Ballets have an arc: There’s a quiet beginning, a climactic fanfare and a grand finale of leaps, turns and tutus.
For students in the School of Dance, the past eight weeks have followed relatively the same pattern: a settling into Bellinger Hall, a chaotic clustering of shows and now, a final episodic gala.
At 2:30 p.m. Sunday in the Amphitheater, School of Dance Workshop, Festival and Apprentice students will take their final bows at the second Chautauqua Dance Student Gala.
On the bill for the afternoon’s performance are season favorites — including Walpurgisnacht, Mark Diamond’s “Shostakovich” and Michael Vernon’s “Sunday Morning” — as well as new works from School of Dance faculty and an adaptation of a Broadway classic.
The gala will open with a new work by Associate Artistic Director Maris Battaglia, choreographed to music by American virtuoso George Gershwin and featuring Workshop II students. Battaglia described the piece as “jazzier” and “happier” than her second piece in the show, “Moonlight Sonata.”
“One is very nostalgic and one is very happy,” she said, contrasting the two works. “Moonlight Sonata” was also choreographed by Workshop II dancers to Ludwig van Beethoven’s score of the same name.
“I’ve never had a better group of kids,” Battaglia said about the group of more than two dozen 13- to 14-year-olds. “They’re like little sponges — they absorb everything (and) they take corrections.”
The Workshop II students will also perform in visiting faculty member Patty Sprague’s “Lion King,” featuring the musical’s signature melody, “Circle of Life,” which, Sprague said, coincidentally aligns with the release of the new, photorealistic, computer-animated remake of Disney’s “The Lion King.”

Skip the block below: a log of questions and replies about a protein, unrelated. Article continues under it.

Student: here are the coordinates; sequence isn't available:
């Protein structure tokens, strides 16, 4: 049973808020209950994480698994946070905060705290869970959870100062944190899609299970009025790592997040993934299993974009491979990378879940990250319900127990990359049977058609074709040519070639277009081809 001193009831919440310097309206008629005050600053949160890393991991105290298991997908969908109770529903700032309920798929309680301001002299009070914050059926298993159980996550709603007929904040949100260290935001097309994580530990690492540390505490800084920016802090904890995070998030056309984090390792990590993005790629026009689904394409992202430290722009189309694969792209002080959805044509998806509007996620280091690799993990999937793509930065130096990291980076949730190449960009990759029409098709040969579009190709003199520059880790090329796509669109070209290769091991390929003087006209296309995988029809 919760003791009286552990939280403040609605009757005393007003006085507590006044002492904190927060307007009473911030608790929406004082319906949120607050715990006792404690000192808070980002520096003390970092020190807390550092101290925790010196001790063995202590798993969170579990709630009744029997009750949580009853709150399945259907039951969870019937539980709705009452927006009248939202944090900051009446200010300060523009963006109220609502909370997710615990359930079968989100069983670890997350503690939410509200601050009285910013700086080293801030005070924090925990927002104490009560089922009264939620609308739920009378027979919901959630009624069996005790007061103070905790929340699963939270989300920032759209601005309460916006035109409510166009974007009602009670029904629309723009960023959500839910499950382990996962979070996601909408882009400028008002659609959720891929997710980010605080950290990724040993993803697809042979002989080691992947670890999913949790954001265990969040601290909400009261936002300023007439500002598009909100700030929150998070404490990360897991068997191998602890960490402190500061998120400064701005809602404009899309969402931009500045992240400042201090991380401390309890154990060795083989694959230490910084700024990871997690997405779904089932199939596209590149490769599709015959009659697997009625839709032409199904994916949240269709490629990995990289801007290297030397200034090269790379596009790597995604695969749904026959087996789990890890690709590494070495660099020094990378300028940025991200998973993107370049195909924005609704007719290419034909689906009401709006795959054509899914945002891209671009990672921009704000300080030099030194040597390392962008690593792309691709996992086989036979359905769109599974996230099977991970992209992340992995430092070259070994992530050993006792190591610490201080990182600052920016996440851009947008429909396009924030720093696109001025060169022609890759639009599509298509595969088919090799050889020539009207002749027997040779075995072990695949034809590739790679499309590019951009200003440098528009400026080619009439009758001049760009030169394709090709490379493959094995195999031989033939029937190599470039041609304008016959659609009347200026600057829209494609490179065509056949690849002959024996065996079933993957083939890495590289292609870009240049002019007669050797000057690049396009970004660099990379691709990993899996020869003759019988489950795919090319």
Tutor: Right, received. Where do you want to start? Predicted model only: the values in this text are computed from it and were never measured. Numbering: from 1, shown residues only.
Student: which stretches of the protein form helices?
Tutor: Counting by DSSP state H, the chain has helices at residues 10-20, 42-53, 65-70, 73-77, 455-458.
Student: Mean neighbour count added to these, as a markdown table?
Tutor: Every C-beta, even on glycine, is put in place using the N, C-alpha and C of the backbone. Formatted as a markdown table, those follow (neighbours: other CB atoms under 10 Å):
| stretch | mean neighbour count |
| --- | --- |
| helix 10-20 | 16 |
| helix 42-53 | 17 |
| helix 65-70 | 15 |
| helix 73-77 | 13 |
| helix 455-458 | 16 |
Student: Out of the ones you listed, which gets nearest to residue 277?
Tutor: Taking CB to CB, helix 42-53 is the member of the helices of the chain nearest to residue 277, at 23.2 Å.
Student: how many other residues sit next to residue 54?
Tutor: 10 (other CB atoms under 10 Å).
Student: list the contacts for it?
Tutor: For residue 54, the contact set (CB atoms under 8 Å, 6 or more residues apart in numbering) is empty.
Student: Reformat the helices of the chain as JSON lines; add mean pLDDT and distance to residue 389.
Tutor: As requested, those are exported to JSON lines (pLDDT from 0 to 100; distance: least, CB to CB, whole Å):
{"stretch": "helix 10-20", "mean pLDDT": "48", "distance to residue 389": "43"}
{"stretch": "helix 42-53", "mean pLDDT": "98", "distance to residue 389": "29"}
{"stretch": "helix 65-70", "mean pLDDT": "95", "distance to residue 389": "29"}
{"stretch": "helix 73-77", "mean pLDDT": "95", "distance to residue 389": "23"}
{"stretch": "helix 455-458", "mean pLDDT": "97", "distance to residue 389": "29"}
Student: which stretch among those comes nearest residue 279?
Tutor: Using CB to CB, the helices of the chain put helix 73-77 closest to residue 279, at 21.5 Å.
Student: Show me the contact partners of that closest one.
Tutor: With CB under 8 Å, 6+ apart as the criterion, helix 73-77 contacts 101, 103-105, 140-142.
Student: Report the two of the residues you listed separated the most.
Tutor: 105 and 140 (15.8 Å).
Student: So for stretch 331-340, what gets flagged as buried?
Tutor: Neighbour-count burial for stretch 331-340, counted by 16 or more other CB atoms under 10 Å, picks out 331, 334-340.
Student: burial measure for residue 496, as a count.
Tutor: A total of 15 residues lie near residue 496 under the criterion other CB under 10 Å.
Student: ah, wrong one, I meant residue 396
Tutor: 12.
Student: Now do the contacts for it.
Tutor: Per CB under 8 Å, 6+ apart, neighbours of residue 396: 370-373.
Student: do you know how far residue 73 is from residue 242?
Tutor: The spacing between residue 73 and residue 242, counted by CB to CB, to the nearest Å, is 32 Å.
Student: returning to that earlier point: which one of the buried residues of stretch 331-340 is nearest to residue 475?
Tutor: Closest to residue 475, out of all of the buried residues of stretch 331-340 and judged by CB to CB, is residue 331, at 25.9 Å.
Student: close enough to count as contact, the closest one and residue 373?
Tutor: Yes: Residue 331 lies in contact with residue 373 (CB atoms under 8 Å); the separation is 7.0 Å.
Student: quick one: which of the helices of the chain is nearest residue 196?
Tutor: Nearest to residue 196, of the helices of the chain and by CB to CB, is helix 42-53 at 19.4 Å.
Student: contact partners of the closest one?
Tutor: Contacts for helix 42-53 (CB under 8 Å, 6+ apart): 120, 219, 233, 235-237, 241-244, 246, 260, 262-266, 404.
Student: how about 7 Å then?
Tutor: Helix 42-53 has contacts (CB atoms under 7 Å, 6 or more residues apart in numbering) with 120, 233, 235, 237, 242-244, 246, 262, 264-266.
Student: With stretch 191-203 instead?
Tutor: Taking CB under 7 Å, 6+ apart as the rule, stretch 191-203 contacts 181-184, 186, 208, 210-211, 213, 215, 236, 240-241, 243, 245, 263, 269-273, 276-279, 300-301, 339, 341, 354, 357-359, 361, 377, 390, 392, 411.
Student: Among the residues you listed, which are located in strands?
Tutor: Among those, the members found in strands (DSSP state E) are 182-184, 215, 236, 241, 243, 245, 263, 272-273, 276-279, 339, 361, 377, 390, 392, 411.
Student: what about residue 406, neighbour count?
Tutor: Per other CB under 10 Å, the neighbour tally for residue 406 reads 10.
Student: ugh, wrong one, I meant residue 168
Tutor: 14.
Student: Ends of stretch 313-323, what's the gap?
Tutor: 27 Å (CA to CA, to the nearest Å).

“The music is so powerful — the music just says so much,” Sprague said. “This piece is more on the modern-contemporary spectrum, but it also has the flair of Broadway.”
Additionally, three dancers from the Apprentice and Festival levels will present works from Thursday’s annual Choreographic Workshop, in which 11 dancers choreographed 4- to 6-minute ballets danced by their peers.
Despite the heavy emphasis on classical ballet in the School of Dance, many of the ballets in that workshop were in the neoclassical and contemporary styles — not a repertoire for the devoted bunhead — according to Apprentice dancer and workshop organizer Elizabeth Corsig.
Director of Contemporary Studies Sasha Janes’ piece “Foxtrot for Orchestra” is a 12-person ensemble, danced en pointe with foxtrot motifs and ballroom-esque movements. “Foxtrot for Orchestra” is danced to American contemporary composer John Adams’ “The Chairman Dances” from his opera Nixon in China.
Resident choreographer and faculty member Vernon’s “Sunday Morning” is a neoclassical visualization of Lord Berners’ music, and abstractly and subtly references “Downton Abbey” in its costuming and patterns.
Diamond’s “Shostakovich” is an abstract, neoclassical piece, with influences of contemporary dance styles. The piece explores themes of victory, power, glory and innocence, Diamond said, set to programmatic music by the composer of the same name, Dmitri Shostakovich.
The afternoon’s showcase will close with George Balanchine’s revered Walpurgisnacht, a divertissement from the opera Faust. Director of Ballet Studies and Master Teacher Patricia McBride — a contemporary of Balanchine — last staged the ballet, which requires dancers to remain energetic, with striking musicality, for the school about 20 years ago.
This will be the aspiring ballerinas and ballerinos final sautés and chaînés on the Amp stage, encoring a season of daily rehearsals, countless classes and a handful of shows.